As part of UCL’s Impact Series the CDRC in partnership with UCL Innovation & Enterprise and the UCL, Bloomsbury and East London Doctoral Training Partnership organised a networking event at Senate House, University of London yesterday (10/10/18).
The event titled ‘Data analytics, innovation and the impact on business and society’ sought to bring together academics and businesses in order to discuss key trends in data analytics and means through which partnerships between the two sectors can be forged.
The afternoon event included an impressive line-up of 17 academics, doctoral students and key industry speakers. They included a keynote from CDRC’s Dr James Cheshire who discussed geospatial visualisation techniques and introduced the work of the CDRC. Drawing on the theme of better collaborations between academia and the private sector, three speakers from industry (Virgin Media, Local Data Company, Movement Strategies) and one from academia (Kim Cassidy, Edge Hill University) presented their views on the CDRC Masters Research Dissertation Programme, having all been external partners at some stage. All four speakers described previous research projects and commended the impact that the programme has had on their own work. Following this four PhD students from the CDRC and the Bartlett Centre for Advanced Spatial Analysis described their research with commercial sector data.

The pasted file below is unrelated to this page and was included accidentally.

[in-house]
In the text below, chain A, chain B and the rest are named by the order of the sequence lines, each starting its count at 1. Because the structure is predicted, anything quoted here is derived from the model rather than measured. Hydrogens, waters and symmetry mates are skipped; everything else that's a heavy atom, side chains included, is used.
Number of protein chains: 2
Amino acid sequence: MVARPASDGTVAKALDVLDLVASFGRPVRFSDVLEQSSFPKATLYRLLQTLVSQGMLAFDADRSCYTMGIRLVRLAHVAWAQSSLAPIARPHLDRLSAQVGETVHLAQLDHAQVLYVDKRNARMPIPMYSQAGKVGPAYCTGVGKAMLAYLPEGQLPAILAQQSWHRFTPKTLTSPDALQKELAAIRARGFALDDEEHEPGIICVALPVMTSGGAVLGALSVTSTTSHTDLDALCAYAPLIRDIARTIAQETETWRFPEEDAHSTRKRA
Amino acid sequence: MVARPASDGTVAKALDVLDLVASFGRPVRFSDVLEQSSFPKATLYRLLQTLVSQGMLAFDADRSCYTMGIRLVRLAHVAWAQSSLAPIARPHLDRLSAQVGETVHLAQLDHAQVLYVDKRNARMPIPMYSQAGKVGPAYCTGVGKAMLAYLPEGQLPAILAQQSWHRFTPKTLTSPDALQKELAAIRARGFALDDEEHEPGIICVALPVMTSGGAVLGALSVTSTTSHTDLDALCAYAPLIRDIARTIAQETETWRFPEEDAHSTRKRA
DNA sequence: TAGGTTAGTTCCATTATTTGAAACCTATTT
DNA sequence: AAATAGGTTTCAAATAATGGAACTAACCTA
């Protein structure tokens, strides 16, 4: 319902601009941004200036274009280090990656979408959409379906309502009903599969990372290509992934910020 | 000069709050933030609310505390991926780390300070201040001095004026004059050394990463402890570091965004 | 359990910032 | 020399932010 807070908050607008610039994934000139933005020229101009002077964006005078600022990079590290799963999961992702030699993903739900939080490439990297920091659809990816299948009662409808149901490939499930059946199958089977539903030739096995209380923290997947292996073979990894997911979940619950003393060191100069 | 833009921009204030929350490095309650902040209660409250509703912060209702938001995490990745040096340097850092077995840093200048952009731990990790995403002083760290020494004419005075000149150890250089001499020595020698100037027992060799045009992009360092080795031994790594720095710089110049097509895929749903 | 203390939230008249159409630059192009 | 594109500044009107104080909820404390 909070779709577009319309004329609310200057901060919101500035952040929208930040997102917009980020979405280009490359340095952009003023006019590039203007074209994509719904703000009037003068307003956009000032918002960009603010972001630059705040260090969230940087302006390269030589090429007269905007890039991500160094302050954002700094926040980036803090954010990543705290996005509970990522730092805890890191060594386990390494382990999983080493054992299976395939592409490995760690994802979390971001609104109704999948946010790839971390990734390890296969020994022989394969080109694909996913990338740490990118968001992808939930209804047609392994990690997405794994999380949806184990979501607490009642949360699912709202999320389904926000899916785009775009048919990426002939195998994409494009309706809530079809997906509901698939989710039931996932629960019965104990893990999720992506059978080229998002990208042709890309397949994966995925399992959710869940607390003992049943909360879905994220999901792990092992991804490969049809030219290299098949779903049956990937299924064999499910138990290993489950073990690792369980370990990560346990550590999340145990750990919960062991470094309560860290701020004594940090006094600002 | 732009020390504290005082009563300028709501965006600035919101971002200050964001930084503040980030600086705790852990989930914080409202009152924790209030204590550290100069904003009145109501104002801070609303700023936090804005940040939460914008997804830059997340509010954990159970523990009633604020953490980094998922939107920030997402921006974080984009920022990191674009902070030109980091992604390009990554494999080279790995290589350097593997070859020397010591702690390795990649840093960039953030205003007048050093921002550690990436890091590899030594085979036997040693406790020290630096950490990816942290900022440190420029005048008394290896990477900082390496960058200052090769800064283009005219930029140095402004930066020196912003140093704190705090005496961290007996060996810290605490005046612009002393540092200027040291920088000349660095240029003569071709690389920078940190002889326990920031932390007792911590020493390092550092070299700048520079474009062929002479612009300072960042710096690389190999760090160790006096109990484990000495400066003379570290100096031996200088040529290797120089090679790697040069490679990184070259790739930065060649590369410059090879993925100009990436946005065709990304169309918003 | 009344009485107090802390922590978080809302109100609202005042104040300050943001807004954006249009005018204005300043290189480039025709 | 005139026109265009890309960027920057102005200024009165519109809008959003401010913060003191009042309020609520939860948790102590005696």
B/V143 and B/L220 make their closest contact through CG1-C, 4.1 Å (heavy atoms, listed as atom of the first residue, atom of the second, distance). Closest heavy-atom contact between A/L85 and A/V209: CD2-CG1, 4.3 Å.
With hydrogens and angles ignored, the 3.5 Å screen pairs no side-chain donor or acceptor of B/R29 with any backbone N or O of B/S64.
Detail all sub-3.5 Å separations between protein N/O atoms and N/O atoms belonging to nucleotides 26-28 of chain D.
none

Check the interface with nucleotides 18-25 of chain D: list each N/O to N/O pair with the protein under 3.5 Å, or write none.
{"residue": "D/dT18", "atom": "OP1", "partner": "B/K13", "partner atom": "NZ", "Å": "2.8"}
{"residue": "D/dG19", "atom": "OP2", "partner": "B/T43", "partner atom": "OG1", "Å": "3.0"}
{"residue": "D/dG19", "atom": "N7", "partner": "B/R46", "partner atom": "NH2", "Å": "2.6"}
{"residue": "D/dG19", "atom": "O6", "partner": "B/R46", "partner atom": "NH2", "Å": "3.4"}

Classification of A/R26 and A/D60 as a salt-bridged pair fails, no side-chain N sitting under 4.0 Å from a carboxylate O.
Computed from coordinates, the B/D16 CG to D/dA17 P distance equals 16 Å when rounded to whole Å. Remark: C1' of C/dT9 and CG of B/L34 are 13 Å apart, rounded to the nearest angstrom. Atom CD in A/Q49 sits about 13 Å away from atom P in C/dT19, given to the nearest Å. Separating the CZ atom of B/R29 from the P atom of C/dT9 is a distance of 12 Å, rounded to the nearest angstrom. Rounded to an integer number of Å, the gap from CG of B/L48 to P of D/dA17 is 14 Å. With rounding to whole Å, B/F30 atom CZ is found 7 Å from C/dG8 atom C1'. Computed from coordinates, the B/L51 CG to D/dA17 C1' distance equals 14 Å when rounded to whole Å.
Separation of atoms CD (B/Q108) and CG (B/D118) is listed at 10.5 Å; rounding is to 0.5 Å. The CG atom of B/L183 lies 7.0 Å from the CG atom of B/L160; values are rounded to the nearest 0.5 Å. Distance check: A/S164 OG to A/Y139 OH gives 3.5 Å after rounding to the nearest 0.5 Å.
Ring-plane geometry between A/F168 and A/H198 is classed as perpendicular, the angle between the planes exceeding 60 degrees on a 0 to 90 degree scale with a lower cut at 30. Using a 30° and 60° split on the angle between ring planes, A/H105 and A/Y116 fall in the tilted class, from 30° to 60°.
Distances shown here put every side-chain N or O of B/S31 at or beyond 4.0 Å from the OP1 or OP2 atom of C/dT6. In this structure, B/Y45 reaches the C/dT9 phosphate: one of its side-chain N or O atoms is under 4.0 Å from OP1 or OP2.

The day also included a fascinating panel discussion chaired by UCL visiting professor Matthew Hopkinson. The panelists included Peter Marks, CEO, Deltic Group; Sophie Birshan, Head of Retail Analytics & Insight, John Lewis & Partners; Graham Seaton, Property Asset Manager, Ann Summers and Alex Loizou, Co-Founder, Trouva.com. The debate covered issues and opportunities that arise from the changing nature of Big Data and how retail has had to adapt. Finally, the event was concluded by CDRC Director Paul Longley.
The event was attended by 55 contacts from industry and a large number of academics. It is hoped that the event will help encourage more external collaborations either in the form of short-term masters dissertations, or longer-term research projects and data licence agreements.
*Matthew Hopkinson, Visiting Lecturer at University College London and facilitator of the event, has written a very interesting post event blog on ‘Why Academia and Business can learn more from each other‘.